After a couple glasses of chardonnay, we walked to The Breslin to indulge in their famous Lamb Burger.

Prior to our trip, we watched countess hours of the Food Network as a way to research restaurant options. On one particular episode of "The Best Thing I Ever Ate" we watched as Frank Bruni indulged in a perfectly cooked lamb burger, topped simply with a slice of feta cheese and red onions. When I saw it was located just around the corner from our hotel, we knew we had to try it.

Despite its high price tag, Steve and I ordered one for each of us (Steve was not open to sharing) in addition to a scotch egg. All were delicious, but the burger was phenomenal. Cooked perfectly medium rare and super juicy. We half-jokingly discussed a second visit the following night.

We returned to the hotel and were in bed by 10:30. My clothes were laid out, the alarm was set and I was ready for my race.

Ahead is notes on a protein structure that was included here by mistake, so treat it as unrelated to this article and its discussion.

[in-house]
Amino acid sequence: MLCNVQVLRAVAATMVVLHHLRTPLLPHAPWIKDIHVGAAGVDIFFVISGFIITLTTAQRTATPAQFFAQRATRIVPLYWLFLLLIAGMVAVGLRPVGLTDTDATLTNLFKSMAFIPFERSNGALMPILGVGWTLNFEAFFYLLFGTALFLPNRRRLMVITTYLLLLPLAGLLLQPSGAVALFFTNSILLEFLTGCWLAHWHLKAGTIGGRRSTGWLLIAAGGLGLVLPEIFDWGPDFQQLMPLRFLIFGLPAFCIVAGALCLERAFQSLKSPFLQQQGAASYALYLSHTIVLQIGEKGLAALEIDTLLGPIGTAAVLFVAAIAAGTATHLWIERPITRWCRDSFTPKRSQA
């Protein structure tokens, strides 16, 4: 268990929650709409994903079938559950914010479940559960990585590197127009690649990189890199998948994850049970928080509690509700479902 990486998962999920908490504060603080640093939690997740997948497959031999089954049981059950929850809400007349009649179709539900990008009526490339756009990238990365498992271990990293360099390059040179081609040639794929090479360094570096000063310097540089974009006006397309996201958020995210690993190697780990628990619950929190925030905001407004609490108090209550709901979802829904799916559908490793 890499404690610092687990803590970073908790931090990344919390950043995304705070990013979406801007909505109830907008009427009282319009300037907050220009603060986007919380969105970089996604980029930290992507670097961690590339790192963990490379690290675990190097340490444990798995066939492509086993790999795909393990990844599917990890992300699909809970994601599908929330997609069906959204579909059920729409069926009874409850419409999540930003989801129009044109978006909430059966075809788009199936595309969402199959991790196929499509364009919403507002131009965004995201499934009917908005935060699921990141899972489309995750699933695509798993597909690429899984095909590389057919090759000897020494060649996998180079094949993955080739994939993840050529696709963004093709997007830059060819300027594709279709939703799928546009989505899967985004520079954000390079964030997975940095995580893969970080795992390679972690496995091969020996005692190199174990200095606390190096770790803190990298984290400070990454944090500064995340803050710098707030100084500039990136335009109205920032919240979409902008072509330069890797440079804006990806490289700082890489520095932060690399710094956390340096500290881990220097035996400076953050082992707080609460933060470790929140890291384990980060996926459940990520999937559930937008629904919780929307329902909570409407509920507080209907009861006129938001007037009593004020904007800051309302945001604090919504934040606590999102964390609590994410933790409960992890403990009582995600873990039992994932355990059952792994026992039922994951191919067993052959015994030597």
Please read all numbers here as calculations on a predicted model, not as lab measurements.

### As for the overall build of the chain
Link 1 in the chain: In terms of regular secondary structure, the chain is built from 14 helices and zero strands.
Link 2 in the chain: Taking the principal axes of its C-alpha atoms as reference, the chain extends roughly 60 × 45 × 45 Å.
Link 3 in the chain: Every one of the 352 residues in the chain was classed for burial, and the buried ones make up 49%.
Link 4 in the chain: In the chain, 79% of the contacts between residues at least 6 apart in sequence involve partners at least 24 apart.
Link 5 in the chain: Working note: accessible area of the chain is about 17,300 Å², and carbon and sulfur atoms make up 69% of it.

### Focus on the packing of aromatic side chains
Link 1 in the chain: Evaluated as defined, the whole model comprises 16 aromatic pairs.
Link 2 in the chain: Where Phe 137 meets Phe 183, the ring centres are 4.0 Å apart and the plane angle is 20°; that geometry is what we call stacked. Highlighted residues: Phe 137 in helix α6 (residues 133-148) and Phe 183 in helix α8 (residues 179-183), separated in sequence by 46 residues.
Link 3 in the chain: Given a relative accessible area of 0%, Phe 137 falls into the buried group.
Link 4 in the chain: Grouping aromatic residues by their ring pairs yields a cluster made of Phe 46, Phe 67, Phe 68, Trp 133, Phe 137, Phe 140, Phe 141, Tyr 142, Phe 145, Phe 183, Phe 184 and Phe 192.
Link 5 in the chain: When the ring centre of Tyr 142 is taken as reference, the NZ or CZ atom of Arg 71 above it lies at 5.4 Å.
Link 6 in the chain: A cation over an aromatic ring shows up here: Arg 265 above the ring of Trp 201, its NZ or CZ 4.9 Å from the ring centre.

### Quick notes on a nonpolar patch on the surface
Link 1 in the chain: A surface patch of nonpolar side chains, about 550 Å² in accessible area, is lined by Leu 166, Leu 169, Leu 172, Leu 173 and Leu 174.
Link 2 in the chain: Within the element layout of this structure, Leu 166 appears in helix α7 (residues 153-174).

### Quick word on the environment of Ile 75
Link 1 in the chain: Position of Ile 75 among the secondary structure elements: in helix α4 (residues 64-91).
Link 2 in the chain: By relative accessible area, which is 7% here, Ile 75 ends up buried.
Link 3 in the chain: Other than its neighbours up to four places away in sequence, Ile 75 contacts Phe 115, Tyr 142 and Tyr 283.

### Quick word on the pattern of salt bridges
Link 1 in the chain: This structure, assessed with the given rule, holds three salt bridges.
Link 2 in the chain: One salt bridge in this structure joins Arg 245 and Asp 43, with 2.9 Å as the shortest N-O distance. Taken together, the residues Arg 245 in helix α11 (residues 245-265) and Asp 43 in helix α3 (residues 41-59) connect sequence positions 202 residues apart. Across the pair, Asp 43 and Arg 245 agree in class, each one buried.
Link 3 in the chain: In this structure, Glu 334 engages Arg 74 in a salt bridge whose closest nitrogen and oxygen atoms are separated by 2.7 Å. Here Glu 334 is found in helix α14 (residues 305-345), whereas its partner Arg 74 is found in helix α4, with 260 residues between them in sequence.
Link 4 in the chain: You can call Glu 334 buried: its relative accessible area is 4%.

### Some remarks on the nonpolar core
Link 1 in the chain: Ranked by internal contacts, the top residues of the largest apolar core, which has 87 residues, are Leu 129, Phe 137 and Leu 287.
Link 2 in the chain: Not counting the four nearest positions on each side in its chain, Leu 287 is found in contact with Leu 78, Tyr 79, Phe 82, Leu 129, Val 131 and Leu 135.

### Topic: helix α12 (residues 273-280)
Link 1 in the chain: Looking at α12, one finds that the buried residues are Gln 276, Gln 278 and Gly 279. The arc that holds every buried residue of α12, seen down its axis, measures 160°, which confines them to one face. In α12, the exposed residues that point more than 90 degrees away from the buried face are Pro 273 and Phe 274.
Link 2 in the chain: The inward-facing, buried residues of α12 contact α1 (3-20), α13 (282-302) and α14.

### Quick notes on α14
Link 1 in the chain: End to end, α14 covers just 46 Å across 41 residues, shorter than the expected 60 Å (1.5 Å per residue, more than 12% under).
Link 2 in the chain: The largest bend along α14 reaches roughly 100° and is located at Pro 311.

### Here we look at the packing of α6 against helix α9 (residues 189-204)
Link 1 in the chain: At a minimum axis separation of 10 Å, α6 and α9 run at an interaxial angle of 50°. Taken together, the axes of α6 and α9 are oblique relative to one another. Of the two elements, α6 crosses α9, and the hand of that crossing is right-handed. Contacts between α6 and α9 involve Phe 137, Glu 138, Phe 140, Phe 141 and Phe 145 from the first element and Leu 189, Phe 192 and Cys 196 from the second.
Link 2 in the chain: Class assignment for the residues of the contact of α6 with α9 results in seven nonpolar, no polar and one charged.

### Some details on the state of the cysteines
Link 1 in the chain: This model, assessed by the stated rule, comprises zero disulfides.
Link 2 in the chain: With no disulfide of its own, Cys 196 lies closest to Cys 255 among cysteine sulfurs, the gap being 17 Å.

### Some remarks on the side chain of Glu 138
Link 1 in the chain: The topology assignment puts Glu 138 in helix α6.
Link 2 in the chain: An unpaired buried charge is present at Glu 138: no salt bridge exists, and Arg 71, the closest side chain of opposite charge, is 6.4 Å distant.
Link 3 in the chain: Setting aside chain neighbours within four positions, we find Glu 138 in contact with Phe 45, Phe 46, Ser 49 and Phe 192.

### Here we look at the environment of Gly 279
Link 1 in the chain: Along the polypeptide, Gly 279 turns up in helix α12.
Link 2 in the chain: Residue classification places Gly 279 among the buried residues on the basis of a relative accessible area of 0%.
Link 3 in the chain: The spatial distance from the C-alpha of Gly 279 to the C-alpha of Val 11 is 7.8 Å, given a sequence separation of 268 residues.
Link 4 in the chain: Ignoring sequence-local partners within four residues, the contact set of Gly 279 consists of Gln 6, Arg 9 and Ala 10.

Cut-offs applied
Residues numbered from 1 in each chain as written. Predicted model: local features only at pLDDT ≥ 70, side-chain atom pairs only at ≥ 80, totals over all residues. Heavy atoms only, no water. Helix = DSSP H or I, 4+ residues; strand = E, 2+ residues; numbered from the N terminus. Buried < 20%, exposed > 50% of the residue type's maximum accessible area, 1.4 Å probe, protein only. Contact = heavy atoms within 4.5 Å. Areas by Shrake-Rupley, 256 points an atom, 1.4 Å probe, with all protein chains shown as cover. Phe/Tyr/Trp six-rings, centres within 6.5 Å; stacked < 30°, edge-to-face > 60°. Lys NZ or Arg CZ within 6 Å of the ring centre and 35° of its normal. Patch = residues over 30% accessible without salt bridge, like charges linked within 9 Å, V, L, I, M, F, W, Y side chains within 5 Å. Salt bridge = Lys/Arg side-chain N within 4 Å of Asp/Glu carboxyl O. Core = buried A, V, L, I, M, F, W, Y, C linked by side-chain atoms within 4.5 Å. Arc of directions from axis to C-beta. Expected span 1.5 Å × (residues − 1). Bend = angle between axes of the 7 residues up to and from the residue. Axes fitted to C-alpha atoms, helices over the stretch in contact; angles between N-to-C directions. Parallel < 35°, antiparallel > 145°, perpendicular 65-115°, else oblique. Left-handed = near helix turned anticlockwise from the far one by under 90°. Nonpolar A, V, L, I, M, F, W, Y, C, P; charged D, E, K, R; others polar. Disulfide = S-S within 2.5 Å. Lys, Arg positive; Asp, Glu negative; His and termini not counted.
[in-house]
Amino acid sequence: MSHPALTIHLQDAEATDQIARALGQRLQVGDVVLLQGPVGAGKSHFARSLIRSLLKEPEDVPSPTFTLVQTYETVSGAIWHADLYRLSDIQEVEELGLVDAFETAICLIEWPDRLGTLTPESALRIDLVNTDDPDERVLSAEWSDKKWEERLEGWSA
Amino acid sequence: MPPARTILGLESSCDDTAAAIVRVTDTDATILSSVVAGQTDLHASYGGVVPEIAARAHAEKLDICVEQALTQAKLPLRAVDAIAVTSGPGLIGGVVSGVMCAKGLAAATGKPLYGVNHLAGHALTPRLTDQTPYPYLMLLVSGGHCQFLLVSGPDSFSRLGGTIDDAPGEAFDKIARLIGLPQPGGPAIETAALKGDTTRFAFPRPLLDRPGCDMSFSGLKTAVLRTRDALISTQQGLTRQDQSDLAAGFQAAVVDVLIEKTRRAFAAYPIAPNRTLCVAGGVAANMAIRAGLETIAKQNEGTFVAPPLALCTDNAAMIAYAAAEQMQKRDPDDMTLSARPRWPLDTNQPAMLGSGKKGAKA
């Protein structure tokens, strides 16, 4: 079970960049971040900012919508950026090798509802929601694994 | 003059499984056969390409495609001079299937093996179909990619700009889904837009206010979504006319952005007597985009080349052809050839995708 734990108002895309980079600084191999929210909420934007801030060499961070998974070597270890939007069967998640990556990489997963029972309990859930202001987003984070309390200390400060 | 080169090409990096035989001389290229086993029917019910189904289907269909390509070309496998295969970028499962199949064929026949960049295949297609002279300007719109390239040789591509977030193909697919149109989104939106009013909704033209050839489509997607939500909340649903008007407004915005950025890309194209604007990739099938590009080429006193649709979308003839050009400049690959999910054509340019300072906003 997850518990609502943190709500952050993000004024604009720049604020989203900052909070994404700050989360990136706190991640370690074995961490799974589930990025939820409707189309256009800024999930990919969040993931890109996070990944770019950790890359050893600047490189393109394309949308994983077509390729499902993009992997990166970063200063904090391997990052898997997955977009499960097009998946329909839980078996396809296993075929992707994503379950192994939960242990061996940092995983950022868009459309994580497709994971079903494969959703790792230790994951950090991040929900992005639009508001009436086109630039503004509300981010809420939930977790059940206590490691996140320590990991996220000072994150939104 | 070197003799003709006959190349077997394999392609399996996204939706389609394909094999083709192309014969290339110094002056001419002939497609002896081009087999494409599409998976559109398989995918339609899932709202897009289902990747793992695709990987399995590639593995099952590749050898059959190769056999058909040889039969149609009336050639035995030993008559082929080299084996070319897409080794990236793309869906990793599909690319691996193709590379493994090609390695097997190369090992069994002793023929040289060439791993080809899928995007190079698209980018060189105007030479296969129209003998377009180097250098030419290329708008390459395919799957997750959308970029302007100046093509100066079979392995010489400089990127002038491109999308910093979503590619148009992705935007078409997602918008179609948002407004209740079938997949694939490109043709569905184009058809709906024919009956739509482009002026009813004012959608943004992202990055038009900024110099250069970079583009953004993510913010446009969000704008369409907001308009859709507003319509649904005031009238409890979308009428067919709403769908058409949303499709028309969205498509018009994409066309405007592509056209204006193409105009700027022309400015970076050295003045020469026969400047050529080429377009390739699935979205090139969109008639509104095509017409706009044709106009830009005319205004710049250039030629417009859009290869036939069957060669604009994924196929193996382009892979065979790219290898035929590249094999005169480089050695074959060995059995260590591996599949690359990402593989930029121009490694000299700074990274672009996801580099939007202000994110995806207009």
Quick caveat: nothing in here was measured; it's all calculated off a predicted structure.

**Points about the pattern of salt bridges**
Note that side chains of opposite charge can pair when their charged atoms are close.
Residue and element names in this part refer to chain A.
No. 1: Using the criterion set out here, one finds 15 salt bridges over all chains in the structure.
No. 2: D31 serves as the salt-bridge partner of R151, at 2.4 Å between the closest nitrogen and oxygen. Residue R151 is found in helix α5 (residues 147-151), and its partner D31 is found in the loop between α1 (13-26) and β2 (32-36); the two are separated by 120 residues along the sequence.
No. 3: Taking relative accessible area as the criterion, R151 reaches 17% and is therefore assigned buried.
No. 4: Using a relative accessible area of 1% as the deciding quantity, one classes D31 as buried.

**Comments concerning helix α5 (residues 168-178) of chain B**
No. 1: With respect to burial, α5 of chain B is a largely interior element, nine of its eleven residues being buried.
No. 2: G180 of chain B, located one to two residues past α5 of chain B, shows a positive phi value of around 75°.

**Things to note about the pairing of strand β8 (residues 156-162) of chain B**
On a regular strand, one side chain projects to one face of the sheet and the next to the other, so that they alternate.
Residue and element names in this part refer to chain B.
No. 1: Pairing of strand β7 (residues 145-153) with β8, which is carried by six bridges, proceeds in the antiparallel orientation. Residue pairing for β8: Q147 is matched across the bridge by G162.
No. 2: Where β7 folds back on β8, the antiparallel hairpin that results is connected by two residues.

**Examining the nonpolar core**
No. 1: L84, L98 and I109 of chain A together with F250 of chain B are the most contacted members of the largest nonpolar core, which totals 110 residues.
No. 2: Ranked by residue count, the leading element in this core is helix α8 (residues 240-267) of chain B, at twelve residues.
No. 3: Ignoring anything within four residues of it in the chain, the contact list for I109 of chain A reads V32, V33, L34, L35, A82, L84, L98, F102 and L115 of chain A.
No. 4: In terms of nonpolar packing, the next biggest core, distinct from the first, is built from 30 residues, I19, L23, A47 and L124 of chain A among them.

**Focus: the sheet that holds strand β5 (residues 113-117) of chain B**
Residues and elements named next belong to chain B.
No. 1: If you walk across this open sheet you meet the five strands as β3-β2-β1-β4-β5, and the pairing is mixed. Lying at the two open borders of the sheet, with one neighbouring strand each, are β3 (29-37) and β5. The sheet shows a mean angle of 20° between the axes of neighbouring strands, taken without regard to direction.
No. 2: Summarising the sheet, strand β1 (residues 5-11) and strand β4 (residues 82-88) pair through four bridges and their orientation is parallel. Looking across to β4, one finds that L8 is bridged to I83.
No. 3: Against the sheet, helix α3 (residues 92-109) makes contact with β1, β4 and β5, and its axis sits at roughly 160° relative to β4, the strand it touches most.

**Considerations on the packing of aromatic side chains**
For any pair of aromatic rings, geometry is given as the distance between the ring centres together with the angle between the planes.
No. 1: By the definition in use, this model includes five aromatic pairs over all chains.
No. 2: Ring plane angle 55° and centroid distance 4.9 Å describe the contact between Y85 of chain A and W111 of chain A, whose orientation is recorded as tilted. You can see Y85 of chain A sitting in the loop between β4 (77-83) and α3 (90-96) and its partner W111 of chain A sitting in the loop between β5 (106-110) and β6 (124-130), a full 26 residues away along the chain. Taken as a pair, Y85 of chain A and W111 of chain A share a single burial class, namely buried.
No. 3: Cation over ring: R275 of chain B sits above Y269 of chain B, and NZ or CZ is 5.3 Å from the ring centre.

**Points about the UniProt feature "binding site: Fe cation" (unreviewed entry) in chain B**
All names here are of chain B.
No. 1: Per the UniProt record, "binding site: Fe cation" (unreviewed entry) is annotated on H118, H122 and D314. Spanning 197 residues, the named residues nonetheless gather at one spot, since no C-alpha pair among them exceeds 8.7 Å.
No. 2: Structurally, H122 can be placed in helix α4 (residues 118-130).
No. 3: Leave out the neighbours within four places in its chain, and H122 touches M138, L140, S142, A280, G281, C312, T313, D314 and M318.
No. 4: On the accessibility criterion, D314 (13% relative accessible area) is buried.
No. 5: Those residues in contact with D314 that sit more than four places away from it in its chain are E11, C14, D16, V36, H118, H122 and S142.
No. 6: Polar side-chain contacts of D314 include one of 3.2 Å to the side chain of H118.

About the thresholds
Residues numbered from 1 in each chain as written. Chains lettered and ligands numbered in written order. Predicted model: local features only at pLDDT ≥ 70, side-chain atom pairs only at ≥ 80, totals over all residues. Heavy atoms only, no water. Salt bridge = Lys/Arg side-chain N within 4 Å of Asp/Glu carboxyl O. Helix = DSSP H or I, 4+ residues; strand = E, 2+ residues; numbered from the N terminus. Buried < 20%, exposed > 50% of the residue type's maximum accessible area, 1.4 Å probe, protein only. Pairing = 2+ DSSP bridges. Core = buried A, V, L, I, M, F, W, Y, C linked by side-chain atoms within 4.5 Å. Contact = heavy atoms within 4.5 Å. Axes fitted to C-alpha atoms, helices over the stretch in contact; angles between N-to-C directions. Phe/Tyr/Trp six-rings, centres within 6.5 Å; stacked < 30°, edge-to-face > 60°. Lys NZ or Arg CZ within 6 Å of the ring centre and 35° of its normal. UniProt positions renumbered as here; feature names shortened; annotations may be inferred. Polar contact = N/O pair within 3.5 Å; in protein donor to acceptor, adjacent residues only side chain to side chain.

When I awoke at 5 am, I was tired and nervous. Despite all of my planning, I worried about whether we'd be able to get a cab, how long would it take, how cold was it, should I wear my long-sleeves or jacket, how long would I have to stand in the cold before the race, how many port-o-potty's would there be at the start, how long would the line me, you run enough races and you know your biggest concerns. At 5 o'clock on this particular morning, I was not worried about running 13.1 miles.

By 6 am, we were out the front door. We met another couple headed to the same starting corral and shared the $7.50 cab ride. We arrived on the east side of Central Park within 10 minutes and began walking toward my corral (19,000-19,999) with 15,335 other runners.

The race was to start at 7:30 and when we stepped into the line for one of many port-o-potty's, we knew it would be awhile...ONE HOUR later (yes, Steve waited with me...haha) we were through and I was at the corral by 7:15. Steve continued to wait with me until we started to "move" which was about 7:40. As we walked toward the start, we actually watched the elite runners pass their 6 mile marker. It's hard to believe they were running at a 4:34 pace. I didn't actually cross the start until 8:04 am. Weather at the start was 47 degrees, 90% humidity, wind 3 mph...truly ideal for running.